Beholding Bee

Kimberly Newton Fusco hits all the right notes with this delightful new coming-of-age story set in a somewhat magical World War II.

BEHOLDING BEE, by Kimberly Newton Fusco Knopf, 336 pp.

I almost gave up on Beholding Bee.

Yes, I'd heard the early buzz. Readers whose taste mimicked mine loved it.  I was attracted to the appealing cover art, the heft of the book, the fresh voice of the narrator. And it began with a surprising concept. After the death of her parents when she was quite young, 12-year-old Bee is in the care of her friend Pauline. Together, they work at a traveling carnival. Although Bee's birthmark causes her to constantly cover her face and look away, Pauline offers encouragement, telling her it is a diamond. Such a unique setting! So many oddball, intriguing characters, and Bee certainly seemed like a girl to root for.

Then I bogged down waiting for something to happen. I was mad at Pauline, Bee's friend and caretaker. Could she really abandon our heroine for a creepy love interest? I almost put the novel aside.  Am I ever glad I didn't.

Part magic, part coming-of-age in a too-real world, the story twists and turns into uncharted territory. While it reminded me a bit of Ann M. Martin's "A Corner of the Universe," the elderly aunts, who may or may not be figments of Bee's imagination, took the story in a delightful new direction.

There's a lot of wisdom in "Beholding Bee." When Bee decides to run away, she sees her favorite little pig Cordelia's "sweet pig face poking through the fence" at the carnival, and her heart throbs. "Sometimes you can only take so many goodbyes in life," Bee observes as she sets Cordelia free. The pig, the girl, and her funny-looking dog take off to an unknown destination, the animals taking the lead. Bee follows without much enthusiasm. After all, it's "hard to get excited about running when you cannot see the finish line."

Finish line? A pet pig and a rescued dog? Those aunts? I couldn't put the book down. Bee had stolen my heart. I worried she'd never find a home. When she did and she slept in her first real bed, I loved her bravery and her friendships. The disappearing aunts were such a surprising and funny touch. The strange, outdated clothes, the candles, and the neighbors turn the novel into a mystery. Worry about food rationing and soldiers fighting in World War II move it soundly into the realm of historical fiction.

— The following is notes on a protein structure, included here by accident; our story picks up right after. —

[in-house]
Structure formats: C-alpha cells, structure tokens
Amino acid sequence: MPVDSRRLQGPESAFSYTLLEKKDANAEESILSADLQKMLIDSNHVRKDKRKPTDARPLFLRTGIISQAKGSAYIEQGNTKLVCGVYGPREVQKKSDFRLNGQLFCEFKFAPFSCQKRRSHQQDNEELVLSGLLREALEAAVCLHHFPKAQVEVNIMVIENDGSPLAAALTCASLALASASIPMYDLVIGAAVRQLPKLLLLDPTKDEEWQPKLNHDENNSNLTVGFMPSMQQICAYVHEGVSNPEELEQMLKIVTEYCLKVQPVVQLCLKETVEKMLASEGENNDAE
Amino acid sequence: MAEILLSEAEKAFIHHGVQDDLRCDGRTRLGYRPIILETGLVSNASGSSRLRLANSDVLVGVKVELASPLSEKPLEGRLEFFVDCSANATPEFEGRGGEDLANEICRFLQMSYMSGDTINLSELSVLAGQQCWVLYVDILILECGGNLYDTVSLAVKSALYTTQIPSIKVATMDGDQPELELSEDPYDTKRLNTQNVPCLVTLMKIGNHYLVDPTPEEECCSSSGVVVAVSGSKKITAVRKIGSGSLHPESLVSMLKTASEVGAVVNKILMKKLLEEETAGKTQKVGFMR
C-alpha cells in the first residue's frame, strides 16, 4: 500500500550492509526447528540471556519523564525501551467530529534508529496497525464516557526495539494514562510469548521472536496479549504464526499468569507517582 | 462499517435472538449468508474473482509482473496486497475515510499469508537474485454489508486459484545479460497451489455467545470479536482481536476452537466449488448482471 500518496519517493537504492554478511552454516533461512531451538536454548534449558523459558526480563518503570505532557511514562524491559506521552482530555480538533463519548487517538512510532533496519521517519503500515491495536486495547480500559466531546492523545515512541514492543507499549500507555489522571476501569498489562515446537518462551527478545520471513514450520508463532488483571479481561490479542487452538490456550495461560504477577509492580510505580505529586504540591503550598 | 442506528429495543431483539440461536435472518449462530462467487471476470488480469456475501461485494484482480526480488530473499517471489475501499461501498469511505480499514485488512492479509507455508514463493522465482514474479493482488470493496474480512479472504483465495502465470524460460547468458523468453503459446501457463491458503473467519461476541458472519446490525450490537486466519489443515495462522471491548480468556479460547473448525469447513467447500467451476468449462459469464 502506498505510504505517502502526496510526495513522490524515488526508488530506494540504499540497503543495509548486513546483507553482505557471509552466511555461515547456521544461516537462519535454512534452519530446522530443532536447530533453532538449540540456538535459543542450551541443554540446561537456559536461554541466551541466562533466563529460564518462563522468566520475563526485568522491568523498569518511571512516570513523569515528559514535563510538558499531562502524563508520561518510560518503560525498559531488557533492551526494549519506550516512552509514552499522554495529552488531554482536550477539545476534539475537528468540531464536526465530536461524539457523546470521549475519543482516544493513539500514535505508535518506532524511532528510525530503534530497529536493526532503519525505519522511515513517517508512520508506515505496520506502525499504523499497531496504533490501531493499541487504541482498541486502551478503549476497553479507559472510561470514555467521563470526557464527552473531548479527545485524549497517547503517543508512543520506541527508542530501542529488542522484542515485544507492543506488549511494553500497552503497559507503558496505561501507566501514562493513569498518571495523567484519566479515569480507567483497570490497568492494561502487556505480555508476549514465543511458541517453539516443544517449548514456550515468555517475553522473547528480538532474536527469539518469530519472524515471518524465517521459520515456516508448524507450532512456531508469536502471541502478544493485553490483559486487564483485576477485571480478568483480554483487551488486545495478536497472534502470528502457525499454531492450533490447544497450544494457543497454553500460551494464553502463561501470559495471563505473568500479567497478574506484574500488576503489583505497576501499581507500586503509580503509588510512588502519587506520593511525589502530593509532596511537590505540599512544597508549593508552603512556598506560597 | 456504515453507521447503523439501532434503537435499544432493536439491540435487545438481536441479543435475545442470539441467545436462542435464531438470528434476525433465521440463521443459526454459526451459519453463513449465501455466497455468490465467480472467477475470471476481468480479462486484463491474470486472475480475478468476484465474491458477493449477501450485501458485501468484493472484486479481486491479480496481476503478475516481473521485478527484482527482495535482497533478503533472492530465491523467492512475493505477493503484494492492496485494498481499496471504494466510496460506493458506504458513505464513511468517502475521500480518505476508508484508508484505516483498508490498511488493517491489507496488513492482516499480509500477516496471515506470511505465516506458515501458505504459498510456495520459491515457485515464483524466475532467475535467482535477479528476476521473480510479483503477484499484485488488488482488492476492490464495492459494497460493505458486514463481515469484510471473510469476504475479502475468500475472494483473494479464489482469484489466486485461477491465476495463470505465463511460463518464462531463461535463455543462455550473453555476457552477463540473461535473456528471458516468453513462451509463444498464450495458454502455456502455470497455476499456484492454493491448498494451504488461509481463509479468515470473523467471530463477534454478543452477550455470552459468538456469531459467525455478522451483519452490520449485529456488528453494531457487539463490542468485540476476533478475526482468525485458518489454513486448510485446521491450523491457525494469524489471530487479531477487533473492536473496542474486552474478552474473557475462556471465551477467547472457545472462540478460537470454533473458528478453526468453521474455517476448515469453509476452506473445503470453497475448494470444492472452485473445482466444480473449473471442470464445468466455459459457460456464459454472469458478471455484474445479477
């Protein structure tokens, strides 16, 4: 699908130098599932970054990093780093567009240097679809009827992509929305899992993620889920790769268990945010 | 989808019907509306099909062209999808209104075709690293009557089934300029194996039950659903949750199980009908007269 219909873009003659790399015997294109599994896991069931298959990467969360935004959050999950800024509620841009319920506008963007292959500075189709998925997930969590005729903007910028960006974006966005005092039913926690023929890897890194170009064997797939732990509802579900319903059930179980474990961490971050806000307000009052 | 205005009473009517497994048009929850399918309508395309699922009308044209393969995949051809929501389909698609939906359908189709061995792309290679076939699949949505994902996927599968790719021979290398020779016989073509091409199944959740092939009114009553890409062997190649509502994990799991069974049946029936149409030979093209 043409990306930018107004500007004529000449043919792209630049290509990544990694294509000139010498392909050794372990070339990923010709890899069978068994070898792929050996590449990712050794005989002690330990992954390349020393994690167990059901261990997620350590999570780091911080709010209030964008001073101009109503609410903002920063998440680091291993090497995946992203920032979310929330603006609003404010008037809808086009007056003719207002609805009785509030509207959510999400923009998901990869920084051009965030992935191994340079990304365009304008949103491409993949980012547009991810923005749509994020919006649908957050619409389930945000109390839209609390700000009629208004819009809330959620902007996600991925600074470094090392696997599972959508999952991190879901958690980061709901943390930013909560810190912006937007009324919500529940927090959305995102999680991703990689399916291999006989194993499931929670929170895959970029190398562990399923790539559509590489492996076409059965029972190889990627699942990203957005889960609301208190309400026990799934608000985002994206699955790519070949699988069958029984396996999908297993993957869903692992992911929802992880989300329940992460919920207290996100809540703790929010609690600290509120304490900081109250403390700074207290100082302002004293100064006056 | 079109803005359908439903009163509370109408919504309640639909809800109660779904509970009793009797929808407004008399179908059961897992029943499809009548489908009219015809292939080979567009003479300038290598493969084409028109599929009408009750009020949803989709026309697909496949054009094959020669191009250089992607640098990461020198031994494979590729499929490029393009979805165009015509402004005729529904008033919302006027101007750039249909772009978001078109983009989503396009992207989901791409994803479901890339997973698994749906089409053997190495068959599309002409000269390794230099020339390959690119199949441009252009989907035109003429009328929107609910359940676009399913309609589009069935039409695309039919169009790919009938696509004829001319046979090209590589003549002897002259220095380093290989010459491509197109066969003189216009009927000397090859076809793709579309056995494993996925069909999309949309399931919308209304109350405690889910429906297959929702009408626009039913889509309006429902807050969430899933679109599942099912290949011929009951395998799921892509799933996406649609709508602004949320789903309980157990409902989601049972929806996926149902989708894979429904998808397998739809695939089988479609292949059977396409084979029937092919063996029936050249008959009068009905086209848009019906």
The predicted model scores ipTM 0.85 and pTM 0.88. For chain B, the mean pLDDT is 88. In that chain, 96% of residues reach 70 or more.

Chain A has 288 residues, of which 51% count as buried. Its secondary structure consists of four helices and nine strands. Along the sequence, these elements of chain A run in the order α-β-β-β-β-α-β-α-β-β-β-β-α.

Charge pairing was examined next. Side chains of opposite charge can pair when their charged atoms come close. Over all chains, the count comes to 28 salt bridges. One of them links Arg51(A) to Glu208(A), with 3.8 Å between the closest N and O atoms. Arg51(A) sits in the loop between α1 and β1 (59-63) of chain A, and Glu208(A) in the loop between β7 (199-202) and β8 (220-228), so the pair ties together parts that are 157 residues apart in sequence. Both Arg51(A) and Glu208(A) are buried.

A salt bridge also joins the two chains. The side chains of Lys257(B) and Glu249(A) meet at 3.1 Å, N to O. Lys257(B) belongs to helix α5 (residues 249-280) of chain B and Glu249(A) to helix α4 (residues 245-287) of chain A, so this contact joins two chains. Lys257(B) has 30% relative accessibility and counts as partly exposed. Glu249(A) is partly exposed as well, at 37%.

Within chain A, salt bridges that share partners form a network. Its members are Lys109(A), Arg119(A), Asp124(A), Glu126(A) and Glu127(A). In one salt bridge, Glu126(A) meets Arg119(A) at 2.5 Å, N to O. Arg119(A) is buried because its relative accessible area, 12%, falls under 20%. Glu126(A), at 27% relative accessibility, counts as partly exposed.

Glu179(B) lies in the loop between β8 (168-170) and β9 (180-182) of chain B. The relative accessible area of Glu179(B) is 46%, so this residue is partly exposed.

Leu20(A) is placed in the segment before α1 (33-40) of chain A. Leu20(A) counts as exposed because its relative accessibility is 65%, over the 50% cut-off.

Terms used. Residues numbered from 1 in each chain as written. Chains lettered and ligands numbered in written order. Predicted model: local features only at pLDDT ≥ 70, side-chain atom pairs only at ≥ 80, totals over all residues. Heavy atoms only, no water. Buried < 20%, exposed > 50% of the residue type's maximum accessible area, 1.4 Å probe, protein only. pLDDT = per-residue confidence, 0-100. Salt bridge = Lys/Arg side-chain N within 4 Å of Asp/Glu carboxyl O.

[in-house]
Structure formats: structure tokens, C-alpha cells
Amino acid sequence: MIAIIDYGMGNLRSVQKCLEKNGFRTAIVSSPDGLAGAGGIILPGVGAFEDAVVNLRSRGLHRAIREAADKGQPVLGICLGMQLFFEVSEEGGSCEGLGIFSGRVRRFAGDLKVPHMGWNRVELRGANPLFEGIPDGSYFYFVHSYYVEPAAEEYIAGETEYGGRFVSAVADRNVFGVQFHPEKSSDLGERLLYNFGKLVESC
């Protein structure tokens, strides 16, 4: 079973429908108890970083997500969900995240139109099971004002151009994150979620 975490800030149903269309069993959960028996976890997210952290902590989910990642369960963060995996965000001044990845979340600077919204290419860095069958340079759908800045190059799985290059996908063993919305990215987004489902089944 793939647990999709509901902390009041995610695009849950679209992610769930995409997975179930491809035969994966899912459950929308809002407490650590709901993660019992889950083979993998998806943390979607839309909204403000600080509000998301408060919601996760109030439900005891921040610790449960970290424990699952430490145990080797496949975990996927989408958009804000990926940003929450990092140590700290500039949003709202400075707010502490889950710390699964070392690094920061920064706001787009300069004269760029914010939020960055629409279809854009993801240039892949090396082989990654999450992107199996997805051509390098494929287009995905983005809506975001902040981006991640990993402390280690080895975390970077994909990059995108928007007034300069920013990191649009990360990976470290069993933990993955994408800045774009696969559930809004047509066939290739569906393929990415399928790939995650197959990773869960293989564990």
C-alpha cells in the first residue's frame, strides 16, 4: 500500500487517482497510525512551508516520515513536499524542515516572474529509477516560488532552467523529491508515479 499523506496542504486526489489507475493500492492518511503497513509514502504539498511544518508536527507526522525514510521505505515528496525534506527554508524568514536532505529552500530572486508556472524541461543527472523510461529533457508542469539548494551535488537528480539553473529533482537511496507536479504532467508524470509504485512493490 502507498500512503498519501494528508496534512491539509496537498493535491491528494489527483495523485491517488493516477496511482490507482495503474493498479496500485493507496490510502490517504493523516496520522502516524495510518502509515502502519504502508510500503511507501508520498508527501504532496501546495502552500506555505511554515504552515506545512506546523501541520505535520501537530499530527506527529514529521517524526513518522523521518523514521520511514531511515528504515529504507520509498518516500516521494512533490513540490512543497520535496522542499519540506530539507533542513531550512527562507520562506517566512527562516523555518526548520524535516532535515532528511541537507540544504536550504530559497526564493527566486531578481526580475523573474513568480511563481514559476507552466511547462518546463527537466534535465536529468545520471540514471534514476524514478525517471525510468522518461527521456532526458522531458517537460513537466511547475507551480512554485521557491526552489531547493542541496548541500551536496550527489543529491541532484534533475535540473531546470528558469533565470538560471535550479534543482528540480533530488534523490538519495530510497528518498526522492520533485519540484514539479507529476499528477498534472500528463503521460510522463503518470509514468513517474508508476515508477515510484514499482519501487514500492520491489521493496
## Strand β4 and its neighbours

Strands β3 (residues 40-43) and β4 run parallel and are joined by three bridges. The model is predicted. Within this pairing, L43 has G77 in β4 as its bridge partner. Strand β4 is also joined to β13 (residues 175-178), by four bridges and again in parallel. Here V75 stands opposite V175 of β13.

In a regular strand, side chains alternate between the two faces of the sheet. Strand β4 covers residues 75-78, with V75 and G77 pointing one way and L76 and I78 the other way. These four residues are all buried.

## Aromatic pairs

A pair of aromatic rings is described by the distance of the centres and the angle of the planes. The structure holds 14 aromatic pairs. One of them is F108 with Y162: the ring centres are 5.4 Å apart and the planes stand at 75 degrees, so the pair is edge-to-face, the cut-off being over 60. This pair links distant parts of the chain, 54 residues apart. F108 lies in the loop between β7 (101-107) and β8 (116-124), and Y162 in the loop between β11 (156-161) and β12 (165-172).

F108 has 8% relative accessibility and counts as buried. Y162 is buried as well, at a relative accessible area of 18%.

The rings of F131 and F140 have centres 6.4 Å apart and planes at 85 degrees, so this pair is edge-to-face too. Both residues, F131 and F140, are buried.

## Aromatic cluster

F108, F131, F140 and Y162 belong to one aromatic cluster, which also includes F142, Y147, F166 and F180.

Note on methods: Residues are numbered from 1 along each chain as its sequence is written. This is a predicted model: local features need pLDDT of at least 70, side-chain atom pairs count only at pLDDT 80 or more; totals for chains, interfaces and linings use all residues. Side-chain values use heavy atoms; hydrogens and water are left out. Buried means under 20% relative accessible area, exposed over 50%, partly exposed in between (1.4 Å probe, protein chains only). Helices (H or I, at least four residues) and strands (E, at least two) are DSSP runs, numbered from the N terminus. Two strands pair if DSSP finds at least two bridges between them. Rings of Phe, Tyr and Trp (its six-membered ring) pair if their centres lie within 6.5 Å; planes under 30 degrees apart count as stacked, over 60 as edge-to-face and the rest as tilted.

Historical, mysterious, fantasy? In the end, none of this will matter to young readers. All they need to know is that Kimberly Newton Fusco's newest book is a really terrific, hopeful story. Yes, the year is young, but this could be my favorite middle-grade novel of 2013.

Augusta Scattergood regularly reviews children's books for the Monitor.

You've read  of  free articles. Subscribe to continue.

Dear Reader,

About a year ago, I happened upon this statement about the Monitor in the Harvard Business Review – under the charming heading of “do things that don’t interest you”:

“Many things that end up” being meaningful, writes social scientist Joseph Grenny, “have come from conference workshops, articles, or online videos that began as a chore and ended with an insight. My work in Kenya, for example, was heavily influenced by a Christian Science Monitor article I had forced myself to read 10 years earlier. Sometimes, we call things ‘boring’ simply because they lie outside the box we are currently in.”

If you were to come up with a punchline to a joke about the Monitor, that would probably be it. We’re seen as being global, fair, insightful, and perhaps a bit too earnest. We’re the bran muffin of journalism.

But you know what? We change lives. And I’m going to argue that we change lives precisely because we force open that too-small box that most human beings think they live in.

The Monitor is a peculiar little publication that’s hard for the world to figure out. We’re run by a church, but we’re not only for church members and we’re not about converting people. We’re known as being fair even as the world becomes as polarized as at any time since the newspaper’s founding in 1908.

We have a mission beyond circulation, we want to bridge divides. We’re about kicking down the door of thought everywhere and saying, “You are bigger and more capable than you realize. And we can prove it.”

If you’re looking for bran muffin journalism, you can subscribe to the Monitor for $15. You’ll get the Monitor Weekly magazine, the Monitor Daily email, and unlimited access to

QR Code to Beholding Bee
Read this article in
QR Code to Subscription page
Start your subscription today